North Dakota v. Glasser

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Justia Opinion Summary

Andrew Glasser appealed a district court’s corrected, amended criminal judgment modifying his sentence for conviction of gross sexual imposition and from an amended criminal judgment for conviction of possession of certain materials prohibited. On appeal, Glasser contended the court lost jurisdiction upon announcement of his original sentence, and thus had no authority to amend his judgments. After review, the North Dakota Supreme Court concluded the district court did not have jurisdiction to amend the criminal judgments to modify Glasser’s sentences. The Court reversed and remanded for entry of judgments reinstating Glasser’s original sentences.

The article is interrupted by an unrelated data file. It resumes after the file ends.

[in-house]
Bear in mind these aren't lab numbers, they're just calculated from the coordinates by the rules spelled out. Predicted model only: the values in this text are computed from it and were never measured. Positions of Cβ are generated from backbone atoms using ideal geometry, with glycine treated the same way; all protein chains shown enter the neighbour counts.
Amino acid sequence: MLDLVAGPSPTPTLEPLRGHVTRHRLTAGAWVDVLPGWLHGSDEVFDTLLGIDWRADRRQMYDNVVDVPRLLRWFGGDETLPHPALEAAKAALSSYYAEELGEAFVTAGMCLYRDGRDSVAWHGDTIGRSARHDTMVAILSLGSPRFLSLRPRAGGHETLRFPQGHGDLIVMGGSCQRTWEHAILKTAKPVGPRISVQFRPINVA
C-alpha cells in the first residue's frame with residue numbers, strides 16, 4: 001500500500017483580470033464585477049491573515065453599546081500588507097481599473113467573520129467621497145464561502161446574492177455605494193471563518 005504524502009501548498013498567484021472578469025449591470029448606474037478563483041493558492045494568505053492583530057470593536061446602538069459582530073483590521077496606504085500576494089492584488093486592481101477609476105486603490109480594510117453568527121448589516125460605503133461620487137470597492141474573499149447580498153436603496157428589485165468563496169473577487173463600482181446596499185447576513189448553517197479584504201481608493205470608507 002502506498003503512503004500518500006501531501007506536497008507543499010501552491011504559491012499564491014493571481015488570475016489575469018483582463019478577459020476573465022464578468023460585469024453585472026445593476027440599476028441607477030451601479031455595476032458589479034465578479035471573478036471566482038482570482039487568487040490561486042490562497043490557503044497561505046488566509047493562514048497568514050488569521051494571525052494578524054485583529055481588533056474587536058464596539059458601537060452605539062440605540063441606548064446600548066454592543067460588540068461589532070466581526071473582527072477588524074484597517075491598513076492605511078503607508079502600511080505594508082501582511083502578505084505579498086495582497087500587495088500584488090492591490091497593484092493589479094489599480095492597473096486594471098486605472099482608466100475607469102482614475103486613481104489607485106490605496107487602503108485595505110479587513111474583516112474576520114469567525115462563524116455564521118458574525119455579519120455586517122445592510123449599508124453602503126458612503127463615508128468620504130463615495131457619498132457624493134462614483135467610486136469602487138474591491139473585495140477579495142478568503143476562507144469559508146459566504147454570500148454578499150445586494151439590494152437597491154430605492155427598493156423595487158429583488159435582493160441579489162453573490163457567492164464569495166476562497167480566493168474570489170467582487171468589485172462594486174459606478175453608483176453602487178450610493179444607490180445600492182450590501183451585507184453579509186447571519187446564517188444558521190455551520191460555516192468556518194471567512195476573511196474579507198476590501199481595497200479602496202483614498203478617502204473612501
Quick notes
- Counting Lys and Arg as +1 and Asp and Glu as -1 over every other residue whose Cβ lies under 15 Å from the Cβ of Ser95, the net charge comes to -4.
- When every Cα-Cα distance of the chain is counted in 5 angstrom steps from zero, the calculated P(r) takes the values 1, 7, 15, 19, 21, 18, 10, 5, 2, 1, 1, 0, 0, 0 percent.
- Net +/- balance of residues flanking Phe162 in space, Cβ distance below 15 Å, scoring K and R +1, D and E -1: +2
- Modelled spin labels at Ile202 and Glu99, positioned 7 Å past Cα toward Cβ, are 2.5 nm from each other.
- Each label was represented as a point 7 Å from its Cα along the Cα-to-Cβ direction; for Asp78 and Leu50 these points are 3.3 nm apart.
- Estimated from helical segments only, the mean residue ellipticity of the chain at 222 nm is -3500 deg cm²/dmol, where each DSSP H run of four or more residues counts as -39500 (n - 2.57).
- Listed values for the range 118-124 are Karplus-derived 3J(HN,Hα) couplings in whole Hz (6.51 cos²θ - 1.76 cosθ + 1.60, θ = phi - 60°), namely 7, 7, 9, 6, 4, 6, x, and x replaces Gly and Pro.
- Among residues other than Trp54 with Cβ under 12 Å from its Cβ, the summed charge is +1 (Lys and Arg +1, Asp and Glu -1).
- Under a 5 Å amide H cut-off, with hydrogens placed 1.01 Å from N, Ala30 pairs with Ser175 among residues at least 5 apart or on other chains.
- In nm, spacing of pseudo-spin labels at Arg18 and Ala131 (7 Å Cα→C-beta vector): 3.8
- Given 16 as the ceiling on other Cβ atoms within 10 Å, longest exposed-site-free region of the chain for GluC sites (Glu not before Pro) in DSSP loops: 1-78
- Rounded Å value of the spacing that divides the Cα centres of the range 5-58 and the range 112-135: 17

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FILED IN THE OFFICE OF THE CLERK OF SUPREME COURT MARCH 24, 2021 STATE OF NORTH DAKOTA IN THE SUPREME COURT STATE OF NORTH DAKOTA 2021 ND 60 State of North Dakota, Plaintiff and Appellee v. Andrew Glasser, Defendant and Appellant No. 20200220 State of North Dakota, Plaintiff and Appellee v. Andrew James Glasser, Defendant and Appellant No. 20200221 Appeals from the District Court of Burleigh County, South Central Judicial District, the Honorable David E. Reich, Judge. REVERSED AND REMANDED. Opinion of the Court by Tufte, Justice. Julie A. Lawyer, State’s Attorney, Bismarck, N.D., for plaintiff and appellee. Benjamin C. Pulkrabek, Mandan, N.D., for defendant and appellant. State v. Glasser Nos. 20200220 & 20200221 Tufte, Justice. [¶1] Andrew Glasser appeals from a district court’s corrected, amended criminal judgment modifying his sentence for conviction of gross sexual imposition and from an amended criminal judgment for conviction of possession of certain materials prohibited. On appeal, Glasser contends the court lost jurisdiction upon announcement of his original sentence and thus had no authority to amend his judgments. We reverse and remand for entry of judgments reinstating Glasser’s original sentences. I [¶2] Glasser was charged with and pled guilty to one count of gross sexual imposition (GSI) and ten counts of possession of child sexual abuse materials. The district court ordered a presentence investigation. Before the February 24, 2020 sentencing hearing, Glasser filed 26 letters from a variety of people in support of his request for leniency. On the GSI count, the district court sentenced Glasser to ten years in prison with all but four years suspended for five years of supervised probation. On each of the other ten counts, the court sentenced Glasser to five years in prison, all suspended for three years’ supervised probation. All sentences ran concurrently. When determining this sentence, the court indicated it considered a number of factors, including the character reference letters. [¶3] After the hearing, the State was contacted by the purported author of one of the letters Glasser had filed who stated he had neither written the letter nor allowed anyone to sign it on his behalf. The State investigated further and discovered two additional letters that had not been written or signed by the purported authors. The State moved to correct the judgment under N.D.R.Crim.P. 35, arguing the sentence was illegal or had been imposed in an illegal manner. Glasser’s attorney withdrew from representation, and Glasser did not file a response in the extended time allowed by the district court. On April 2, 2020, the court granted the State’s request for a new sentencing hearing. 1 [¶4] Glasser was charged with and pled guilty to forging three letters and filing the letters with the court. On July 31, 2020, the court re-sentenced Glasser on the GSI count to twenty years with all but ten years suspended for five years of supervised probation and on the prohibited materials counts to five years all suspended for three years of supervised probation to run consecutively. On each of the three forgery charges, the court sentenced Glasser to 360 days to run consecutively to the other sentences. The court stated its authority to hold a resentencing hearing was authorized by Rule 35(a)(1), N.D.R.Crim.P. The court relied on State v. Foster, 484 N.W.2d 113 (N.D. 1992), for the proposition that the sentence was subject to modification because it was obtained through fraud. II [¶5] “The district court’s decision to amend a judgment is subject to sound judgment and will not be reversed on appeal unless there is an abuse of discretion.” State v. Comes, 2019 ND 99, ¶ 4, 926 N.W.2d 117. The district court abuses its discretion “if it acts in an arbitrary, unreasonable, or unconscionable manner, if its decision is not the product of a rational mental process leading to a reasoned determination, or if it misinterprets or misapplies the law.” Id. [¶6] It is a well-established rule that subject matter jurisdiction cannot be waived, and the question of whether a court has jurisdiction can be raised at any time while the case is pending. State v. Berg, 2015 ND 61, ¶ 5, 860 N.W.2d 829; N.D.R.Crim.P. 12(b)(2). Generally, a district court “loses jurisdiction to alter, amend, or modify [a] judgment” once it is final. State v. Vollrath, 2018 ND 269, ¶ 4, 920 N.W.2d 746 (quoting State v. Meier, 440 N.W.2d 700, 702 (N.D. 1989)). “Prior to the adoption of Rule 35, [N.D.R.Crim.P.,] the courts had no power to change the sentence.” State v. Bryan, 316 N.W.2d 335, 336 (N.D. 1982). Once a case has been tried “and sentence . . . pronounced, the court los[es] its jurisdiction.” Id. (citing State v. Gronlie, 213 N.W.2d 874 (N.D. 1973); John v. State, 160 N.W.2d 37 (N.D. 1968)). For purposes of the district court’s jurisdiction to modify it, Glasser’s sentence became final when it was pronounced on February 24. The court granted the State’s motion to correct sentence on April 2 and resentenced Glasser on July 31. 2 [¶7] “[A]ny attempt by the trial court to amend or modify a final judgment is void unless it is made upon grounds provided by statute or by the Rules of Criminal Procedure for correcting or amending a judgment.” Meier, 440 N.W.2d at 702. The district court concluded it had authority under N.D.R.Crim.P. 35(a)(1) and Foster, 484 N.W.2d 113. “The sentencing court shall correct an illegal sentence at any time and may correct a sentence imposed in an illegal manner within [120 days].” N.D.R.Crim.P. 35(a)(1). A sentence is illegal under Rule 35(a) if it is not authorized by the judgment of conviction. State v. Hutchinson, 2017 ND 160, ¶ 9, 897 N.W.2d 321. Examples of illegal sentences include: a sentence in excess of a statutory provision or in some other way contrary to an applicable statute, a sentence which fails to conform to the oral pronouncement of the sentence, or a sentence which is ambiguous with respect to the time and manner in which it is to be served. In addition, a sentence is illegal if it does not comply with a promise of a plea bargain or when the sentencing court lacks jurisdiction to impose it. Id. (citations omitted). A sentence is imposed in an illegal manner if the sentencing court does not observe rules or statutes providing procedural safeguards. State v. Wishnatsky, 491 N.W.2d 733, 734 (N.D. 1992). [¶8] In its brief in support of the motion to correct sentence, the State argued the sentence was imposed in an illegal manner because the court considered intentionally false information provided by the defendant. At the second sentencing hearing, the district court stated that in granting the State’s motion to correct Glasser’s sentence, it considered Rule 35(a)(1), N.D.R.Crim.P., and had concluded “[a] sentence obtained by fraud [was] illegal.” Our review of the record reveals that Glasser’s sentence was authorized by the judgment of conviction, was not in excess of the statutory limits, conformed to the court’s oral pronouncement, and was not ambiguous. Although Glasser misled the court during sentencing by presenting forged character reference letters, that did not make his sentence illegal, nor did it deviate from procedural rules or statutes. We conclude the district court misinterpreted Rule 35 and ultimately misapplied the law. 3 [¶9] The district court also relied on language in Foster for the proposition that it had inherent authority to correct Glasser’s sentence. William Foster was arrested for aggravated assault and terrorizing. Foster, 484 N.W.2d at 114. Foster was charged, pled guilty, and was sentenced under the name Robert John Langton. Id. Eventually, personnel at the State Penitentiary learned of his true identity, and Foster was resentenced under his true identity. Id. This Court concluded that Foster’s original sentence was illegal under Rule 35, N.D.R.Crim.P. Foster was personally present before the court when he was sentenced. Foster, the individual in the courtroom, was properly sentenced, but as a result of the false name provided, the judgment reflected the name Robert John Langton rather than William Foster. Because the court sentenced Foster, the individual physically present, and not the person whose identity Foster was using, the sentence did not conform to the court’s oral pronouncement and was illegal under N.D.R.Crim.P. 35(a). See id. [¶10] This Court went on in dicta to state that, separate and apart from Rule 35, “a court of law has the inherent authority to correct judgments obtained through fraud.” Id. at 117. Foster was decided under Rule 35, and this brief discussion of inherent authority was not necessary to the decision. Id. Foster’s reference to inherent authority relied on nonbinding federal precedent for that proposition. Id. (citing United States v. Bishop, 774 F.2d 771 (7th Cir. 1985)). Since our decision in Foster, Fed.R.Crim.P. 35 has been amended, and other federal courts have rejected any inherent authority to modify a sentence that would expand authority under statutes or Rule 35. See Carlisle v. United States, 517 U.S. 416, 426 (1996); United States v. Washington, 549 F.3d 905, 917 (3rd Cir. 2008); United States v. Hall, 644 F. App’x 274, 276 (4th Cir. 2016) (“[T]here is no ‘inherent authority’ for a district court to modify a sentence . . . .”). [¶11] We conclude that the Foster dictum was an incorrect statement of law, and a district court does not have inherent authority to modify a criminal judgment obtained through fraud. “[A]ny attempt by the trial court to amend or modify a final judgment is void unless it is made upon grounds provided by statute or by the Rules of Criminal Procedure for correcting or amending a judgment.” Vollrath, 2018 ND 269, ¶ 4, (quoting Meier, 440 N.W.2d at 702). 4 The court’s authority to modify a judgment is limited to those rules and statutes in effect at the time of sentencing that qualify, condition, or delay finality under defined circumstances, such as Rule 35 or any statute authorizing later modification of a final sentence. Bryan, 316 N.W.2d at 336 (“Prior to the adoption of Rule 35, the courts had no power to change the sentence.”); John, 160 N.W.2d at 42 (“[W]here sentence is pronounced . . . the trial court loses jurisdiction . . . [but] if imposition of sentence is deferred under Section 12-53-13, N.D.C.C., there has, in effect, been no sentence passed, and the trial court retains jurisdiction of the defendant for the purpose of passing sentence at some future date, should it become necessary.”). Glasser’s sentence was not an illegal sentence under N.D.R.Crim.P. 35(a), and we find no authority in statute or rule that would permit the court to modify a final sentence in these circumstances. III [¶12] We conclude the district court did not have jurisdiction to amend the criminal judgments to modify Glasser’s sentences. We reverse and remand for entry of judgments reinstating Glasser’s original sentences. [¶13] Jon J. Jensen, C.J. Gerald W. VandeWalle Daniel J. Crothers Lisa Fair McEvers Jerod E. Tufte 5